A good friend of mine working with Israelis and Palestinians using Forum Theatre recently sent me a link to a video of an action they made to clear huge blocks that were stopping traffic passing between two Palestinian villages. Israelis and Palestinians resisting the illegal occupation together, side by side with all their strength pushing aside these barriers. It is a powerful symbolic action.
Israeli soldiers eventually arrive and shoot rubber bullets into the crowd.
The interesting thing is that while the Palestinians in the theatre group are keen to continue with such actions rather than do Forum Theatre the Israelis are not exactly ecstatic about the idea and would rather continue with the ‘theatre’ processes – developing strategies for dynamic change on the stage…and who can blame them when you see the video.
It reminded me of something the philosopher Slavoj Zizek says about how philosophy is not about solving problems but reframing them. If there’s a practical problem, better to ask a scientist. Likewise, I think Forum theatre is most effective for reframing problems and rehearsing action within these new frames. Perhaps the frustration of the Palestinians with Theatre of the Oppressed is that they can reframe as much as they like, but they are still oppressed because they are Palestinian and resistance is the only recourse left. And what reason is there to rehearse that, in the safety of the ‘aesthetic space,’ when in reality there is no safety in their position.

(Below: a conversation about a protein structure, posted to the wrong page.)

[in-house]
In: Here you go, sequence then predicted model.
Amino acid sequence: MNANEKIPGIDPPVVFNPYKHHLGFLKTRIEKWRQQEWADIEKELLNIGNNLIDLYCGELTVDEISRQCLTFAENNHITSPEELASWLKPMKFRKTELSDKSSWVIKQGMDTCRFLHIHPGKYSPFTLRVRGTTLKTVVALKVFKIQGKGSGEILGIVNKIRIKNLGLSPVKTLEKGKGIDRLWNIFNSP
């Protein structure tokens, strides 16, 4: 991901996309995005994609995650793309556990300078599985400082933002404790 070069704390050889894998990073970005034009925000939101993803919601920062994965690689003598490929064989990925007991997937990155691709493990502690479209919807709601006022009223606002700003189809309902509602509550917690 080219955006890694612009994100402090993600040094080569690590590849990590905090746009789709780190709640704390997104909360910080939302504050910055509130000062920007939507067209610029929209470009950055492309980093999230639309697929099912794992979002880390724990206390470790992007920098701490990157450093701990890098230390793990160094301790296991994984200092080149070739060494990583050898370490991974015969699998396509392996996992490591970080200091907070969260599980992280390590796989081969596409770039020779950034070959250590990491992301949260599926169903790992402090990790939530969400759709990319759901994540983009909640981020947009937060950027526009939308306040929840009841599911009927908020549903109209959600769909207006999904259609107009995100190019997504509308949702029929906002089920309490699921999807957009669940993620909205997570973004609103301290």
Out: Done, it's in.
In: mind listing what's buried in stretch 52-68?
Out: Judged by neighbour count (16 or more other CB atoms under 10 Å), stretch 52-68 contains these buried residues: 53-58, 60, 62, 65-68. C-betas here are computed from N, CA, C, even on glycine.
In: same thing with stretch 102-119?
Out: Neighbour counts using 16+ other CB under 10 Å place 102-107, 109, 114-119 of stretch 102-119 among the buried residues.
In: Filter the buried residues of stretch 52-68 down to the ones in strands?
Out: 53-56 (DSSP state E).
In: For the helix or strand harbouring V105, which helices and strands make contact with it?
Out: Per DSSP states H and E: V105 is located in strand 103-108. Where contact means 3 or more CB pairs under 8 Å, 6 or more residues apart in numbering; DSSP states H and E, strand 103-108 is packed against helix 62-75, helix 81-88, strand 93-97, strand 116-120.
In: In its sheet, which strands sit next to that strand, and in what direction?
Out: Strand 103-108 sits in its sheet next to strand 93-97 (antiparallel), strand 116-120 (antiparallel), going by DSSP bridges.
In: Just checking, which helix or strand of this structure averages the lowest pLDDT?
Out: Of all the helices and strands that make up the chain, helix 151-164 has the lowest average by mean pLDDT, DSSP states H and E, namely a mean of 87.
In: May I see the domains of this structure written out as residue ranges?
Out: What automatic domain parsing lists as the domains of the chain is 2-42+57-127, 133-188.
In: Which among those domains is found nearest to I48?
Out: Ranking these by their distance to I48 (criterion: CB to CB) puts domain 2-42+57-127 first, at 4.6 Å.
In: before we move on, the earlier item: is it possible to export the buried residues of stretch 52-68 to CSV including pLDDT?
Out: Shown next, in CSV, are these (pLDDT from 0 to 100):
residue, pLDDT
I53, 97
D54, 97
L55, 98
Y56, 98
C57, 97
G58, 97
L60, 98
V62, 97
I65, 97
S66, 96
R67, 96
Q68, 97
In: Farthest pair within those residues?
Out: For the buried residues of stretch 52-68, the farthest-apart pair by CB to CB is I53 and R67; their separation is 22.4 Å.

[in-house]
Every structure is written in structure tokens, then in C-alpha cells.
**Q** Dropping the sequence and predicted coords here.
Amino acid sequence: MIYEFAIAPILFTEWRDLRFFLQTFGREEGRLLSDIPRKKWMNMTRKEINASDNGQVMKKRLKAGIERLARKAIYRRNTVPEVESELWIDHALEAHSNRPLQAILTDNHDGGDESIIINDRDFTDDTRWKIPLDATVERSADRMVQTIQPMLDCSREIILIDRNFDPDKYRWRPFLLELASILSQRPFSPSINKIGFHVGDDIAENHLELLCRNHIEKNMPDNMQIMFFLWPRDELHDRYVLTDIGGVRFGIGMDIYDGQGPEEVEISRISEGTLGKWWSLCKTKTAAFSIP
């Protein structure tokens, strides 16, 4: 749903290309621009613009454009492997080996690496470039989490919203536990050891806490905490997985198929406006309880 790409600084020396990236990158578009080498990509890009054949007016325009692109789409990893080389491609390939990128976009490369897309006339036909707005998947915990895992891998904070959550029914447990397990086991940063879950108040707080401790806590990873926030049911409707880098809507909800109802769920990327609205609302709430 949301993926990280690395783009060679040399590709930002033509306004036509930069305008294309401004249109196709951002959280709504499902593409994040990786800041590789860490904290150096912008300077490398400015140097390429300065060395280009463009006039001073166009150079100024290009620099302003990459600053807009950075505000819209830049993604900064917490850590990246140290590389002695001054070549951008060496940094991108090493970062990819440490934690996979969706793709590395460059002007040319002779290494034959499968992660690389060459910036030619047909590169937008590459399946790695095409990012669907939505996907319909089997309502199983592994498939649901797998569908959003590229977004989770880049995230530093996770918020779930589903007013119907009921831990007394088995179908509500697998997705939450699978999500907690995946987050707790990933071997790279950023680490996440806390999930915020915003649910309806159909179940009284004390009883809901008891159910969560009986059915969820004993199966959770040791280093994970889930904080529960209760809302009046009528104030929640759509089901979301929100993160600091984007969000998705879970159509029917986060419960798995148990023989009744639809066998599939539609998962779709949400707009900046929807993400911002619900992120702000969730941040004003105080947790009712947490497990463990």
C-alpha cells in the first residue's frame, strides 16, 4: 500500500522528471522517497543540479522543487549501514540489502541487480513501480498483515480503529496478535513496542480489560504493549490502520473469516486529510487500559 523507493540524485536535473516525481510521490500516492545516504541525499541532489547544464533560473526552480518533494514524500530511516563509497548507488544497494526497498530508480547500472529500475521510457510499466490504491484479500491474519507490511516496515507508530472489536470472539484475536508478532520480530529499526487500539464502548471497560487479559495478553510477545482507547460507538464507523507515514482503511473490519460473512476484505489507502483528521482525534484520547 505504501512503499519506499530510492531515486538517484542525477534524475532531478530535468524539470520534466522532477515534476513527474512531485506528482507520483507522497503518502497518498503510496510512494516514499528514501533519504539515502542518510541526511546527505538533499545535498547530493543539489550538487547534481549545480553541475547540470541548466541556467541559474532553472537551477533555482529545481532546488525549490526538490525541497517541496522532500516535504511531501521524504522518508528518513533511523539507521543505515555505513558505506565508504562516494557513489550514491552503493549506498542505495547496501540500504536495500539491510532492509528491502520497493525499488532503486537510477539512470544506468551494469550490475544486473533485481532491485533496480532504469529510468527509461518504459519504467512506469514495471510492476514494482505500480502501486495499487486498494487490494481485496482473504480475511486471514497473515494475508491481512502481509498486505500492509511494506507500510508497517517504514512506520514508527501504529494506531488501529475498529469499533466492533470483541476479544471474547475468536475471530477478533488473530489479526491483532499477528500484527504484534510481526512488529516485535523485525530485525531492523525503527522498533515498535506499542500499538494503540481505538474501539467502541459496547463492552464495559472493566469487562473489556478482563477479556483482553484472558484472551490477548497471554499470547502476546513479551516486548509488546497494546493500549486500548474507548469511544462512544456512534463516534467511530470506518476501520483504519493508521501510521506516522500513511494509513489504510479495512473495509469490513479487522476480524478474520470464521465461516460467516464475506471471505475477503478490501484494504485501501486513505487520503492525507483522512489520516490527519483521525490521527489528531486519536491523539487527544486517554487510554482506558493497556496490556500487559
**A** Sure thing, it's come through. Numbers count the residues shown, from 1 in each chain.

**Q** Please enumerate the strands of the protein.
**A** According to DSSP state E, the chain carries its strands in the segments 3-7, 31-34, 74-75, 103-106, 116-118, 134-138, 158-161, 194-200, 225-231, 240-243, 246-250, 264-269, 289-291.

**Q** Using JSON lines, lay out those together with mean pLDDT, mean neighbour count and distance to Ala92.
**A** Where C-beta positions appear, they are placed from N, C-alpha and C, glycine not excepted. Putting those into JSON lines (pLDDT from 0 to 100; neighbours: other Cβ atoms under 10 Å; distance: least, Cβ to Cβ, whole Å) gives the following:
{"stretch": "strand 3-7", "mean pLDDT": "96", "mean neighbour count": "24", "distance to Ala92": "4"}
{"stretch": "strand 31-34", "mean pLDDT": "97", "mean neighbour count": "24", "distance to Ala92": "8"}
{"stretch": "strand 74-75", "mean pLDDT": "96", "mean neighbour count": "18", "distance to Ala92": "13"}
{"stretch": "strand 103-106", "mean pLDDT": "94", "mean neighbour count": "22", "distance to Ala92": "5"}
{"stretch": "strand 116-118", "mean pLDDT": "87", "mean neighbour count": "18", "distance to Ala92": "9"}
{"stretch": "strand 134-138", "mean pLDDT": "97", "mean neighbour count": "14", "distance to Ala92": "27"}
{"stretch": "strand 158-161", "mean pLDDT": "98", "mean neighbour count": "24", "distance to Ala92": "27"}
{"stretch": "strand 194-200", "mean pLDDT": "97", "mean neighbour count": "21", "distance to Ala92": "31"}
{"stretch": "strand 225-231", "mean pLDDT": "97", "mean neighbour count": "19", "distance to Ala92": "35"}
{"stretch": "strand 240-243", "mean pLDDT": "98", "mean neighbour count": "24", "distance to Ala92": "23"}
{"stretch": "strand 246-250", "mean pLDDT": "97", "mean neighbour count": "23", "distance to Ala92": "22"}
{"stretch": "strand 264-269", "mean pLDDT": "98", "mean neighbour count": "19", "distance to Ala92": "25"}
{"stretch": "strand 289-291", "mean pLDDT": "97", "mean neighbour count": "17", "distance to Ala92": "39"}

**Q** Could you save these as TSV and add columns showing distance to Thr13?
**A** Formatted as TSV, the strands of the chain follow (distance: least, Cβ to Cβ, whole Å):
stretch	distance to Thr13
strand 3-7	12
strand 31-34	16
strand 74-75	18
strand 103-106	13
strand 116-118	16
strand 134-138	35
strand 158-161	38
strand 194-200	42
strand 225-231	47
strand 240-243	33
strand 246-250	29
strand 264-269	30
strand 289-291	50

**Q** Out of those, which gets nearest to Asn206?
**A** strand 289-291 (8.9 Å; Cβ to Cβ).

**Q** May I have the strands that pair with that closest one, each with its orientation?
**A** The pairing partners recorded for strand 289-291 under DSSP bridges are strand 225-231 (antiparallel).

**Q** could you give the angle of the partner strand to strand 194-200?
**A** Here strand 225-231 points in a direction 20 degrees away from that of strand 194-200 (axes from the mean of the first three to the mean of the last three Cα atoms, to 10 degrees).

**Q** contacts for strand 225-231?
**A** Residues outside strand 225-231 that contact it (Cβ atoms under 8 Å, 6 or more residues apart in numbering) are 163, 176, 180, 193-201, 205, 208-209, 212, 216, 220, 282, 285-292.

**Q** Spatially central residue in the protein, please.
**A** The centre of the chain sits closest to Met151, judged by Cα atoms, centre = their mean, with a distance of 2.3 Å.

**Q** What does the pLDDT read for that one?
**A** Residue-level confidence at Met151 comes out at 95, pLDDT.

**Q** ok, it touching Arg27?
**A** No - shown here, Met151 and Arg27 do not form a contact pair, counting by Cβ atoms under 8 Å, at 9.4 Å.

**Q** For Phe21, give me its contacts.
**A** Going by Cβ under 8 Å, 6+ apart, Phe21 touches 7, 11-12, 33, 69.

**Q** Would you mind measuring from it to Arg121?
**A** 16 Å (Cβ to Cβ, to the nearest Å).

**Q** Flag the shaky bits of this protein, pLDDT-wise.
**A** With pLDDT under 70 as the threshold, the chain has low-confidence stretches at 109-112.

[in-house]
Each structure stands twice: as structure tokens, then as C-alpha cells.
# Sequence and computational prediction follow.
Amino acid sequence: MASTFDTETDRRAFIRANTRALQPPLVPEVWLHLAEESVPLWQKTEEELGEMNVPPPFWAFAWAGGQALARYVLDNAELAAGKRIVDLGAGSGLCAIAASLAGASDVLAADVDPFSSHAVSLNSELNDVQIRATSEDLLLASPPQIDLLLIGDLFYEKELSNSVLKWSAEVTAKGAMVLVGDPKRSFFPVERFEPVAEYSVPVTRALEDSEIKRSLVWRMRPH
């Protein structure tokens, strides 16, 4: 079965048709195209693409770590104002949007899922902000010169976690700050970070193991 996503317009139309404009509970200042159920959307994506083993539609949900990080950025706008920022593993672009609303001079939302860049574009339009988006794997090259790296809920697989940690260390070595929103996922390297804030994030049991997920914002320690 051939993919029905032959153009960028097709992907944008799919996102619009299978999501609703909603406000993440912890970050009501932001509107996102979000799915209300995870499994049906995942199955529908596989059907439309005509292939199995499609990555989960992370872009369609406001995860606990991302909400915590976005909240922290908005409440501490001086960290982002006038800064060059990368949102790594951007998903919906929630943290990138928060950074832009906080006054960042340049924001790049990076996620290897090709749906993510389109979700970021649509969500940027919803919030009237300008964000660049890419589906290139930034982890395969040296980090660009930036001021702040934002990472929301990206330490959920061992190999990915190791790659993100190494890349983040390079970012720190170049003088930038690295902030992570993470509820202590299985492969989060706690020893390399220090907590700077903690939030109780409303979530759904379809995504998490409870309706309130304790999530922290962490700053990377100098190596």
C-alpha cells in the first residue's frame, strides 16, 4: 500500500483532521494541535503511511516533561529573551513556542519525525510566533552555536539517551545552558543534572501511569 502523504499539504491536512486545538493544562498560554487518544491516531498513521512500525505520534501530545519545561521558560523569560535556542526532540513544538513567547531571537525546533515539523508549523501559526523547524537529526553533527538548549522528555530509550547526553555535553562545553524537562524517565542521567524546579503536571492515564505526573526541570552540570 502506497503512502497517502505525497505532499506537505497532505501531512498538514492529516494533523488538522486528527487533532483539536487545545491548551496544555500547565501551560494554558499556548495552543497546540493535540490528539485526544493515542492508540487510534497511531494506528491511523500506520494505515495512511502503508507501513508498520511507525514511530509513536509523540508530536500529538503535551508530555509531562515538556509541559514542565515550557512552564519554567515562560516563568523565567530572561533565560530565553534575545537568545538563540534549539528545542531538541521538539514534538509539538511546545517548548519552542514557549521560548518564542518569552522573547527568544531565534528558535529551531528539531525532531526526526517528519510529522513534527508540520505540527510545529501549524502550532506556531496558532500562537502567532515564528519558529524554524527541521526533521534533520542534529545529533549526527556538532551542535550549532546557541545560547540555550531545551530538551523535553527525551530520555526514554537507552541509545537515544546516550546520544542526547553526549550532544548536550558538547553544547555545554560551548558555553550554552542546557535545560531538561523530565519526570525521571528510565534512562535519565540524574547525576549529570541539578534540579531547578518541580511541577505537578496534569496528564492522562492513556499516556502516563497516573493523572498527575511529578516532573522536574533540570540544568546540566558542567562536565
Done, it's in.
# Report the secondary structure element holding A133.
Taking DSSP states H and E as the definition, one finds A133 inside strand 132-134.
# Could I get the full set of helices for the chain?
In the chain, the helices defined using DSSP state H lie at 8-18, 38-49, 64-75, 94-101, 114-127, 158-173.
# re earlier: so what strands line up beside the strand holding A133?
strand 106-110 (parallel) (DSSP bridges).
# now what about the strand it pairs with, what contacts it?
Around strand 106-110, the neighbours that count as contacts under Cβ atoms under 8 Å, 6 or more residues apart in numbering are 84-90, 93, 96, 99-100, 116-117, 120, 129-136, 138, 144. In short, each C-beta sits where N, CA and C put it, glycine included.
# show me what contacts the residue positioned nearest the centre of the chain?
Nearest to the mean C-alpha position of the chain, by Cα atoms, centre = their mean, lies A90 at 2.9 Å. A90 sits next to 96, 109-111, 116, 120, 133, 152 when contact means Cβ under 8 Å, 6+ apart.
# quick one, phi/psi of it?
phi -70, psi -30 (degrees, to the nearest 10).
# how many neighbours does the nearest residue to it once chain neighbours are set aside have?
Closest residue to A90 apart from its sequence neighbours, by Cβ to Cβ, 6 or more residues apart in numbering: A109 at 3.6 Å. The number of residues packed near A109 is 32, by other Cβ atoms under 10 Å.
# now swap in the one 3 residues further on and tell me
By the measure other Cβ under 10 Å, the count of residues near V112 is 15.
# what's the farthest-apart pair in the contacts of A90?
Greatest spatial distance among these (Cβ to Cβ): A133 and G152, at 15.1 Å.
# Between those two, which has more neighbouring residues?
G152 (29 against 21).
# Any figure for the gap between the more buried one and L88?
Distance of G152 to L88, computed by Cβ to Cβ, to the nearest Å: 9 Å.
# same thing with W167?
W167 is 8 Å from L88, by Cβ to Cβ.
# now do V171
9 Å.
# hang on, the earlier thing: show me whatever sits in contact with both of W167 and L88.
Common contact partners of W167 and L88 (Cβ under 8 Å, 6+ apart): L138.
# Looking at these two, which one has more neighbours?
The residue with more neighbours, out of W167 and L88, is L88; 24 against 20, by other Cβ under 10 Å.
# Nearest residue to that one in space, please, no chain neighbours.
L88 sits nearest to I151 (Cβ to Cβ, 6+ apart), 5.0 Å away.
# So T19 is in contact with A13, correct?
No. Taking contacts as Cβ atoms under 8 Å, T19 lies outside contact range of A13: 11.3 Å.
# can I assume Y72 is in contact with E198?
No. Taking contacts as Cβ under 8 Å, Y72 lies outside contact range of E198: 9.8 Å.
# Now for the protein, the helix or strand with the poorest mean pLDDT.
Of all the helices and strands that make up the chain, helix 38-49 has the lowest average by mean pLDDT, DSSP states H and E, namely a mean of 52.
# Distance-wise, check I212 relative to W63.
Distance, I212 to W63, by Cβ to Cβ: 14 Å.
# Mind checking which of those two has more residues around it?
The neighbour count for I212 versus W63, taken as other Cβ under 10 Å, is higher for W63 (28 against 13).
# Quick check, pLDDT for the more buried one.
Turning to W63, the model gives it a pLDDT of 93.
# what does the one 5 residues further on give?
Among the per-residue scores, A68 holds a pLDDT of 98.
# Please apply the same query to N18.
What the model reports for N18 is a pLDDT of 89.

Something makes me feel also that during sustained conflict or oppression people enter fully into a ‘character’ that has a ‘role’ in a ‘drama’ which just happens to be real. I recall a similar reaction some years ago when I offered to do Theatre of the Oppressed workshops for Road Protesters who were awaiting their imminent eviction from a camp in a beautiful wood to be cleared for a new bypass. They were in a ‘zone’ where they were already pumped up for the battle ahead. It was like they were wearing a war mask, eyes blazing with righteous ecstasy.
In such a state it seems not possible to ‘reframe’ because the frame of reference has possessed the person’s identity. They have become the mask.
The subtle and unnerving thing I suspect is that our sense of self is entirely constituted of masks that arise and are put aside, framing and reframing, forming and reforming opinions, assumptions, values and beliefs. And behind them all is…well, nothing I suspect. No self…just being.
There is, I think, a capacity within us to shake free of all masks and which Theatre of the Oppressed techniques can bring about in some circumstances. But to do so it needs itself a different frame of reference in which to operate. Not as a means of bringing about revolution outwardly, but with a strong and energetic emphasis on bringing about an inward revolution.
Perhaps by witnessing this constant arising and falling of masks and their effect on us we might in a moment see the whole mechanical movement of the thing and then break through to a different way of being…with no frames, just isness. This is the direction of my work at the moment. (And there’s another mask for you!)